Monday, November 29, 2010

“The Stories Behind the Stories”

Being here at a school like Loyola, we have a lot of opportunities. We have opportunities to develop our faith, our minds and skills relevant to our future careers. Not only do students here have the chance to learn within the classroom, other activities allow us to be students outside the classroom. Attending lectures and seminars is one way to continue this development. And on November 22nd I was able to take advantage of one of these opportunities by attending the lecture “The Stories Behind the Stories” by Mark Bowden. Mr. Bowden is an accomplished author, columnist, teacher and Loyola graduate. While the keynote speaker has written books such as Black Hawk Down, Killing Pablo and Doctor Dealer, he spoke primarily on his life as a journalist, as a reporter. In addition, Bowden expanded a great deal upon the effect of technology on journalism.

Initially, the speaker reflected on his life as a journalist. He noted that the most important and fun thing about being a reporter is getting out and talking to people or traveling to a certain location. In Bowden’s mind, actively and personally reporting is “always worth it.” Bowden made this very clear to his collegiate audience, who is on the technology bubble and who will be involved in various technological changes within journalism and writing as a whole. The author made sure to differentiate between being an advocate and being a reporter. Bowden pointed out to his audience, a group of young adults who are experts with their laptops, that you cannot be a journalist by sitting at an armchair in your living room on your computer. He emphasized that analysts are very different from journalists in that analysts can gather and regurgitate information in a cohesive way. Bowden emphasized the danger of doing this because, as a result, the internet will consist of “four millionth hand information” if no one is going out and physically seeking new data. In contrast, Bowden stressed that the importance and fun within journalism is becoming involved in a story first-hand. Part of being a reporter (in contrast to being an analyst) is that a reporter must personally connect with a location or a person to develop a unique and honest story; a story that their readers will identify with for these reasons. As Bowden noted, there is always a story behind the story that is written and printed.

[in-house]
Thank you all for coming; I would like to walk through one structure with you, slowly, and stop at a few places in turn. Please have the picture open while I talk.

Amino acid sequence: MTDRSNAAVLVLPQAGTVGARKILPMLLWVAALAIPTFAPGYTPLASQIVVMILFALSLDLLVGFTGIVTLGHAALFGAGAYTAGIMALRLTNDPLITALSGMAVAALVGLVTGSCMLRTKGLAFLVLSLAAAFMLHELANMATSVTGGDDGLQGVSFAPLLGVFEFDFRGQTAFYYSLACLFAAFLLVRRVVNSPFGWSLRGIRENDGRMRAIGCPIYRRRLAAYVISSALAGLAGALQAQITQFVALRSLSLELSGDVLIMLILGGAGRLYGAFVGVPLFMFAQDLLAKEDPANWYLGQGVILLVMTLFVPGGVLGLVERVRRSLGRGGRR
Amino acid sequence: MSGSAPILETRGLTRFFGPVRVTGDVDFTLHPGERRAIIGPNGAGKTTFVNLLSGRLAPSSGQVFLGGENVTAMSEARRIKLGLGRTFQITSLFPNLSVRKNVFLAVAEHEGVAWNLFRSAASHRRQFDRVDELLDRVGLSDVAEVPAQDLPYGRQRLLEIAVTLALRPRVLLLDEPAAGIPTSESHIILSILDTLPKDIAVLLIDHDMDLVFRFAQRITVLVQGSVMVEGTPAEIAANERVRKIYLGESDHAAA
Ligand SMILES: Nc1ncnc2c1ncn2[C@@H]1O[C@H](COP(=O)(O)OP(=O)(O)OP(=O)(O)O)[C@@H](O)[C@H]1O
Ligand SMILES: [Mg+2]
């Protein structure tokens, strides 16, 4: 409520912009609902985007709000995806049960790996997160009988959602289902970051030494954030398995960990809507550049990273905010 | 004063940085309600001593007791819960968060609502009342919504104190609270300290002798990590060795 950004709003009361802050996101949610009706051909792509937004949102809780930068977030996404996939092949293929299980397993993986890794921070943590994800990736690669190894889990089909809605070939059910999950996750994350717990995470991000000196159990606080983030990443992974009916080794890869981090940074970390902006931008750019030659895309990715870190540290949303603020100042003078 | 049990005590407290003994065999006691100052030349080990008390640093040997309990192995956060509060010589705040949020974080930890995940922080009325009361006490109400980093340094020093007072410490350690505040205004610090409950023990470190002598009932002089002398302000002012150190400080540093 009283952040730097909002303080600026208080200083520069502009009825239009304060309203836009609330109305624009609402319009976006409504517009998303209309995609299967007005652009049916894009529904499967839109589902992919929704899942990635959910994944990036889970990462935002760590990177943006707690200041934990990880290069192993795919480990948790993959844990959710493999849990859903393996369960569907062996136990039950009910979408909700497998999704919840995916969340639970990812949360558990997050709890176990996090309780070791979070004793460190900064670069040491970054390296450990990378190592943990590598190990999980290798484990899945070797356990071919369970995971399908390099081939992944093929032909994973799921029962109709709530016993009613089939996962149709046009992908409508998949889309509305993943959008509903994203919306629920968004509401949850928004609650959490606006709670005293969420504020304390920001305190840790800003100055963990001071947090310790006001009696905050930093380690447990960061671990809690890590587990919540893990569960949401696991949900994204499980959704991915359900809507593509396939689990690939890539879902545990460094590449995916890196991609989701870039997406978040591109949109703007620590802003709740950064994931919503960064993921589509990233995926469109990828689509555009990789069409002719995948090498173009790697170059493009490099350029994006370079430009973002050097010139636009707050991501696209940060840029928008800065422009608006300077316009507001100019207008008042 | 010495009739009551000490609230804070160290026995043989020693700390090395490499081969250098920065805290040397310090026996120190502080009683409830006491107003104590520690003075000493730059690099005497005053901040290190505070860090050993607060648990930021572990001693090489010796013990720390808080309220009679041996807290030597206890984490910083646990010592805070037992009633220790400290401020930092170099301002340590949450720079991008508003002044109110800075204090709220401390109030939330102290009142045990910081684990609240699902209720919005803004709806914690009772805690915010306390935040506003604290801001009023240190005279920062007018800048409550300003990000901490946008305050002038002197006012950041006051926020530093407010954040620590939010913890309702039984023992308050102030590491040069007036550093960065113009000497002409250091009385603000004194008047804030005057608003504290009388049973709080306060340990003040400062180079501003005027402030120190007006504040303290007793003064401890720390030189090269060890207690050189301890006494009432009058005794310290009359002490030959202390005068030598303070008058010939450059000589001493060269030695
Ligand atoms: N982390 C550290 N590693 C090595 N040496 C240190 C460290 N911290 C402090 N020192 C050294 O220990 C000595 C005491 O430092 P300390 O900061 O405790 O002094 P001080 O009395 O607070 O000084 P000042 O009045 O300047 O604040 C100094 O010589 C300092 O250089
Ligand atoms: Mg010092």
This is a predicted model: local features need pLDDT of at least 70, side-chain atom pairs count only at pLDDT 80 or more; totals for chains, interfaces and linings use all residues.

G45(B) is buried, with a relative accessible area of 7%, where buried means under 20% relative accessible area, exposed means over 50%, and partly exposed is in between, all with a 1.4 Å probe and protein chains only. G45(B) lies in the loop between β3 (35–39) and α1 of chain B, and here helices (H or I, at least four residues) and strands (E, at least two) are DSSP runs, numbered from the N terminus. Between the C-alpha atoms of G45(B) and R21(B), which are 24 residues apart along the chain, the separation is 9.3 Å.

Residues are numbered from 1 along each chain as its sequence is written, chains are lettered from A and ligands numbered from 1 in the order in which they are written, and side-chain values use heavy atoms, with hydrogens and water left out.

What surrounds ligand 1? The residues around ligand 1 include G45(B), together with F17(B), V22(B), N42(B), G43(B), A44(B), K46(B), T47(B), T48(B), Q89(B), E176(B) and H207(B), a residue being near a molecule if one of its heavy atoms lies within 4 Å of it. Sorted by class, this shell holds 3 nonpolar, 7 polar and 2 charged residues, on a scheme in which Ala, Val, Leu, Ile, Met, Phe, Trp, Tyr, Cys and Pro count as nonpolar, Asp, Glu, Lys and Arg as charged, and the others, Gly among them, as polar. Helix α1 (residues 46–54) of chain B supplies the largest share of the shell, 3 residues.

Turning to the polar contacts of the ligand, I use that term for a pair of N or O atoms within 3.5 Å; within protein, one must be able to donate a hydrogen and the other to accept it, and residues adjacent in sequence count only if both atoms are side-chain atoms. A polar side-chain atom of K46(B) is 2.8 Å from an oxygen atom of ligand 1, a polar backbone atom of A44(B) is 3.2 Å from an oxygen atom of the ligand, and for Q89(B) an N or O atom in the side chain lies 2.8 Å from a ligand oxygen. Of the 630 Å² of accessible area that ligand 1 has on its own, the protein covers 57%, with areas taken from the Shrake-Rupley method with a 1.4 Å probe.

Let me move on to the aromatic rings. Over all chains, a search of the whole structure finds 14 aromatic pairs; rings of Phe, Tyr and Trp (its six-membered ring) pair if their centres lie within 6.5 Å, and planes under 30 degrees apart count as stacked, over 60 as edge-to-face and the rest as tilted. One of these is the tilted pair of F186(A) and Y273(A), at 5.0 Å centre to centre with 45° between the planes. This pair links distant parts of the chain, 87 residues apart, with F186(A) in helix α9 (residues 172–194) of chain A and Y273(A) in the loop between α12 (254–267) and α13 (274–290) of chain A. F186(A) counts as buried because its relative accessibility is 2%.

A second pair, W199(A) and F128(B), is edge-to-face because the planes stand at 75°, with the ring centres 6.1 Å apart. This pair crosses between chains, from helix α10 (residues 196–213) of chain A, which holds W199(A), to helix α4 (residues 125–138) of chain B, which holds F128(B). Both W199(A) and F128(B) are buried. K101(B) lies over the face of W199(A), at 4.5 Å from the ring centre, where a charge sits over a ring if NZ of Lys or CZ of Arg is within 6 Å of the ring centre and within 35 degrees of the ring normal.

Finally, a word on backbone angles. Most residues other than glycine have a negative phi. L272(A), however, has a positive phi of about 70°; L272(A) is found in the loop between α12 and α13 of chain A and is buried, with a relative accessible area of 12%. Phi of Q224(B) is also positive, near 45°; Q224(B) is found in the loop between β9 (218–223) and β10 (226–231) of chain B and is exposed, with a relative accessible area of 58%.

For me, the Bowden lecture was very engaging and interesting. Not only was I interested because writing is a field that I am deeply interested in, but also because revolutions in careers as a result of technology are increasingly apparent. I will be entering the workforce in the very near future, and it is important to understand how technology is shaping and changing my intended career path. Writing has been increasingly interwoven with other mediums, and Bowden viewed this as a positive. For example, the author described how Black Hawk Down will soon be sold as an e-book, with various video and audio clips, maps and other graphics so that the reader can full immerse himself in the topic. Advances like these can be viewed as negative and positive, but Bowden has certainly taken the right steps to ensure that these changes are for the better. As I listened to him make his point about the interactive adjustments being made available to his original work Black Hawk Down, I was reminded similarly of Shakespeare’s Twelfth Night. Our task to read the play simply does not do it justice. I found my interpretation of acts I and II often times to be led off course and lost in the development of the love triangle at some points. This is a play that should be physically watched by an audience for better understanding. In the same way Bowden’s book Black Hawk Down is being added to as an e-book for physical observation as a means of gaining a better understanding. I liked how Bowden talked not only about his career as a journalist, but how the job is changing, as if to prepare us as potential journalists. This technique prevented the lecture from being an I-remember-when-I-was-your-age talks and instead made the lecture fun, instructive and engaging for all people in attendance.

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